As of Thursday, October 14th, sophomores Marguerite “Maggie” DiMarco and Zuyu Liu were announced as the newly elected 2021-22 Sophomores at-Large (SALs), tasked with representing the Class of 2024 in the IMSA student council. DiMarco is an avid enjoyer of the performing arts, runs for cross country and track, and is a member of Speech team, Mod21 (IMSA’s a cappella group), Psych Club, and Student Ambassadors. Liu is a member of the Titans Basketball team, the Congress Debate team, Health Occupations Students of America (HOSA), and Amnesty International.
The candidates are a cohesive duo, holding passionate views about the improvement of IMSA policies, mainly those that influence communication between students and faculty and sustainability on campus. In an interview, the SALs explained their plans for IMSA’s future and gave us a behind-the-scenes look at the application and campaigning process.
Consisting of three main segments and spanning several weeks, the Sophomore at-Large application process was extensive, indicative of the responsibility and importance held by the position. The preliminary essay prompts came first, including topics such as candidate strengths and weaknesses, methods of working with administration, and project budgeting.
“I liked the analysis-based questions,” says Liu, “[they] made me think and actually connect with the IMSA student body.”
After cuts, the remaining candidates were interviewed and grouped into teams to compete in simulations. In these events, candidates were asked to interview and poll students across campus on issues of their choosing and create a solution based on their collected data.
Finally, the remaining candidates created campaign speeches that they gave to the sophomore student body on Wednesday, October 13th. “I’ll admit,” comments DiMarco, “the speech was a little scary, but I tried to release my inhibitions and deliver.” The campaign was extremely thorough, allowing students to showcase their critical thinking in relation to public policy, their personal experiences with leadership and problem solving, and their skills in public speaking and crowd appeal.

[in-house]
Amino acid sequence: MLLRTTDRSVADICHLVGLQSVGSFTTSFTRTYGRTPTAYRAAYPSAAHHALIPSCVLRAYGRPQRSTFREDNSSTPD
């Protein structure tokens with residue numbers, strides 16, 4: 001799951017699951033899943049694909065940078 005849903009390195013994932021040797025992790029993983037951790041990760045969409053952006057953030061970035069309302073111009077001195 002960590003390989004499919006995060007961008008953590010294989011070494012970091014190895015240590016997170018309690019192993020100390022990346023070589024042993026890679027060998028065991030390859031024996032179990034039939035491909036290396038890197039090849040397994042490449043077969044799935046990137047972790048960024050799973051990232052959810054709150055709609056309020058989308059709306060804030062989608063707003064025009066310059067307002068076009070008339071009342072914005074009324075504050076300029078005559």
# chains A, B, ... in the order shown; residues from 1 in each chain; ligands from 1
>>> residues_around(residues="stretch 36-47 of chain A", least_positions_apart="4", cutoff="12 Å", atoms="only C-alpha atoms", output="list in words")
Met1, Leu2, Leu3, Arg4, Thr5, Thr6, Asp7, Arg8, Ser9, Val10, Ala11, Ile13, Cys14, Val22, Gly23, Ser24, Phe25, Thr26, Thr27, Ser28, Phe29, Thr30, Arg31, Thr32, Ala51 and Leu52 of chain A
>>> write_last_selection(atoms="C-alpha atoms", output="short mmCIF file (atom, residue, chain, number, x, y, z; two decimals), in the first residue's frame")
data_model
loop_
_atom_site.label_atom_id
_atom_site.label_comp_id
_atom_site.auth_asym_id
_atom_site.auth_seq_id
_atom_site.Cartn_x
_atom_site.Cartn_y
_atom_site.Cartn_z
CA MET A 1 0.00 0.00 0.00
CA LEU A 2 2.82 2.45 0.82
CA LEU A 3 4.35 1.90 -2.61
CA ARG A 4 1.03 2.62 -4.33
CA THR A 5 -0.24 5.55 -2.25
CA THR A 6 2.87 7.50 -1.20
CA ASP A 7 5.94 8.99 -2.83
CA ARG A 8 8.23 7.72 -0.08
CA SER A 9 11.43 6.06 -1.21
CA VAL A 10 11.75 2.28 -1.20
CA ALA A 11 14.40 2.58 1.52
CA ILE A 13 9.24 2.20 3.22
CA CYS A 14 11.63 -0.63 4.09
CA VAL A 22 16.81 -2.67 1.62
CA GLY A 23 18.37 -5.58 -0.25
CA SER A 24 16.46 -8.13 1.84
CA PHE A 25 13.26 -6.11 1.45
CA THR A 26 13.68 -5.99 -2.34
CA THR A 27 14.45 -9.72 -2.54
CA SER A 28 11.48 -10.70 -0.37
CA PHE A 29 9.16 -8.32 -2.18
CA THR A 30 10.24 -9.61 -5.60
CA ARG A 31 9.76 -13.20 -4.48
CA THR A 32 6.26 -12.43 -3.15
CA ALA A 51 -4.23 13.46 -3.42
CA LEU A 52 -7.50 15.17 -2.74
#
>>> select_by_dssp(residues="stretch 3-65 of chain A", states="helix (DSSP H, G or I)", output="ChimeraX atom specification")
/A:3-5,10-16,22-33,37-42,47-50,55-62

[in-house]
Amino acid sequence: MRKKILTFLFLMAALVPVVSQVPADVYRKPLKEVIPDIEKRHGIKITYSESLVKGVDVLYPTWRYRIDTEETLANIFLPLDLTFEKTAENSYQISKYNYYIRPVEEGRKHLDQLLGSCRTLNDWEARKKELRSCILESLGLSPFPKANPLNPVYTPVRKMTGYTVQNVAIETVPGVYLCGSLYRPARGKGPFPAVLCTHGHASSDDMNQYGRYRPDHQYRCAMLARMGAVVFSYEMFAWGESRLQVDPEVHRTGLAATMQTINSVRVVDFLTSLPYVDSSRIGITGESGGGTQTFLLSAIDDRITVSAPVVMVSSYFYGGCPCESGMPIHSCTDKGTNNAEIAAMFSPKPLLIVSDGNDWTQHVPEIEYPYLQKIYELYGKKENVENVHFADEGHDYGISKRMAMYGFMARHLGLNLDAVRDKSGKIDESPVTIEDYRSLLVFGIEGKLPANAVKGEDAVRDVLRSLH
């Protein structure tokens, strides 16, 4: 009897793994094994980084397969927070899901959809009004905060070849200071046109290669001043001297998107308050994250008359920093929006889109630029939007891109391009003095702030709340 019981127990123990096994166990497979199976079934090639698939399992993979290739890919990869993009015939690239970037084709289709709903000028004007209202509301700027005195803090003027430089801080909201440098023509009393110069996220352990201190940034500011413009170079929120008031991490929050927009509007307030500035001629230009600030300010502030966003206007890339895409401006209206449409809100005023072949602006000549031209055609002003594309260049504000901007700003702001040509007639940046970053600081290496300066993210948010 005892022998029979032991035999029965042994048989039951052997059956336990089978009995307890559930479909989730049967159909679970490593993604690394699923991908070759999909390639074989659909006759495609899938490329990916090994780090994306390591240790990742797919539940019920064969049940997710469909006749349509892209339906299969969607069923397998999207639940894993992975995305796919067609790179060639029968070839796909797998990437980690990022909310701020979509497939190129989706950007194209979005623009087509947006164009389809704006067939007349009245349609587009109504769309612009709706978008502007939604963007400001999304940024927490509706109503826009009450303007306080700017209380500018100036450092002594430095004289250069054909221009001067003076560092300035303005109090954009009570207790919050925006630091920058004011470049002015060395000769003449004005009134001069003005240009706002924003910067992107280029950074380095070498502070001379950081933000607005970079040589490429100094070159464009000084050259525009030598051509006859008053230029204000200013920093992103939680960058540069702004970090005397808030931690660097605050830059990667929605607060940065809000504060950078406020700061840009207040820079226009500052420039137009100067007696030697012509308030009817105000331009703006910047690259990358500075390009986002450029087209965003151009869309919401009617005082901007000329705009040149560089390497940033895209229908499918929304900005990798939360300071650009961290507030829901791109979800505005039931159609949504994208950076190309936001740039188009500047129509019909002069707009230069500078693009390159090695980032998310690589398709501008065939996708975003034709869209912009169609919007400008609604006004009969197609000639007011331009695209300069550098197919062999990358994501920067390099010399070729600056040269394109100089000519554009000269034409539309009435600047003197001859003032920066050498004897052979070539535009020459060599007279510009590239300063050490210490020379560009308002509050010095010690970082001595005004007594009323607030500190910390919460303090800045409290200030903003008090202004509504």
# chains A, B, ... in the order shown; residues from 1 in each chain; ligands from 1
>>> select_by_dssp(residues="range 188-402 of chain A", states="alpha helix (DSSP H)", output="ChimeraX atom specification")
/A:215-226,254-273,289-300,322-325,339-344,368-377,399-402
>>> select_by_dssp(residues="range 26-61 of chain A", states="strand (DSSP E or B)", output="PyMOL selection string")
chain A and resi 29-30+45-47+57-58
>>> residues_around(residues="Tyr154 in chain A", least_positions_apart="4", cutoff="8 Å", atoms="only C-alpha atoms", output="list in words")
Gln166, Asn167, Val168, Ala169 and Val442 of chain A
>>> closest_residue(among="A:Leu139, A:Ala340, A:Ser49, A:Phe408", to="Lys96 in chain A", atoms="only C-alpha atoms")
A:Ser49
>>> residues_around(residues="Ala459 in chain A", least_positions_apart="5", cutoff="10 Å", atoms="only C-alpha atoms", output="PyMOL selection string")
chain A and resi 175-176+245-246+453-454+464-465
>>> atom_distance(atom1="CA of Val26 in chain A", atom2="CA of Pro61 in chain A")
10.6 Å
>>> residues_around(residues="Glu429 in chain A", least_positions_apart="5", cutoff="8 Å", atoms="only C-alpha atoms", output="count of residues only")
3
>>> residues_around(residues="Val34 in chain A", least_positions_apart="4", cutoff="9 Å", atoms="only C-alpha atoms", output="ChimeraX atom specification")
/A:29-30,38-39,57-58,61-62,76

Together, DiMarco and Liu plan on targeting two significant issues: sustainability and communication. Historically, IMSA’s sustainability efforts have been concentrated into one week, Sustainability Week. However, the SALs, in collaboration with the rest of student council, plan on extending these efforts to span the school year, tentatively named the Sustainability Initiative. This initiative will encourage education and awareness throughout the student body regarding topics such as recycling, minimizing food waste, and other related issues. In particular, DiMarco took inspiration from IMSA’s mission statement: “…to ignite and nurture creative, ethical, scientific minds that advance the human condition.” DiMarco further elaborates, “This is our duty to uphold the values of our school. We are given the opportunity to set a precedent for other schools and others in our generation, to shake things up.” There are also plans to introduce indigenous flowers to the IMSA campus, rather than alien plant species.
Additionally, as highlighted in Liu’s speech, the SALs plan on solving ongoing communications issues at IMSA. Many students feel overwhelmed with daily emails including messages from teachers and administration, technology updates, and programming information. “It’s really overwhelming,” says Joseph Paras (’24), “there are so many [emails] at once, and I’m afraid I’ll miss something important.” Manya Davis, another sophomore, further explains, “The amount of emails that IMSA sends out to students seems like an effort to enhance communication, but it actually prohibits students from receiving critical information that pertains to them.”
Liu has an elegant solution: creating an IMSA community hub page that centralizes all of the information. “There are some websites where you can organize a workspace into a page of announcements and then subpages into different clubs, instead of sending an email every single time.” Additionally, pages such as the IMSA Virtual Campus (IVC) can be used as alternative modes of mass communication, allowing emails to be spaces for conversation between students and faculty. DiMarco adds, “A quote that I liked that helped me get through the campaign was, ‘The single biggest problem in communication is the illusion that it has taken place.’ This is kind of what we see occurring at IMSA, and we want to address this issue.”
On the topic of communication, DiMarco and Liu emphasize the importance of hearing feedback from the student body. “I am your representative,” DiMarco clarifies, “I want to leave the power to the people, [and] what you want to see is my duty to facilitate.” Together, the SALs plan on addressing the opinions, values, and perspectives of each student. Liu mentions the school’s equity-based initiatives: “Currently, I think they are so focused on equality. I feel safe at IMSA, and I feel I am being treated as an equal. I want every student to feel this way.”
Alongside these major projects, the SALs have some minor projects they are working towards. “There’s an all-class event for the end of the semester including all the sophomores which we are very excited about,” says Liu. Additionally, DiMarco would like to introduce a musical theater program to IMSA through the drama club. “I think it can be done because there is so much interest.”
Overall, SALs plan to run a transparent office, allowing student opinion to govern decision making. “At the end of the day,” says DiMarco, “I should be a window looking into StudCo. That is paramount.” Together Liu and DiMarco make a strong duo and a promising addition to IMSA’s student council.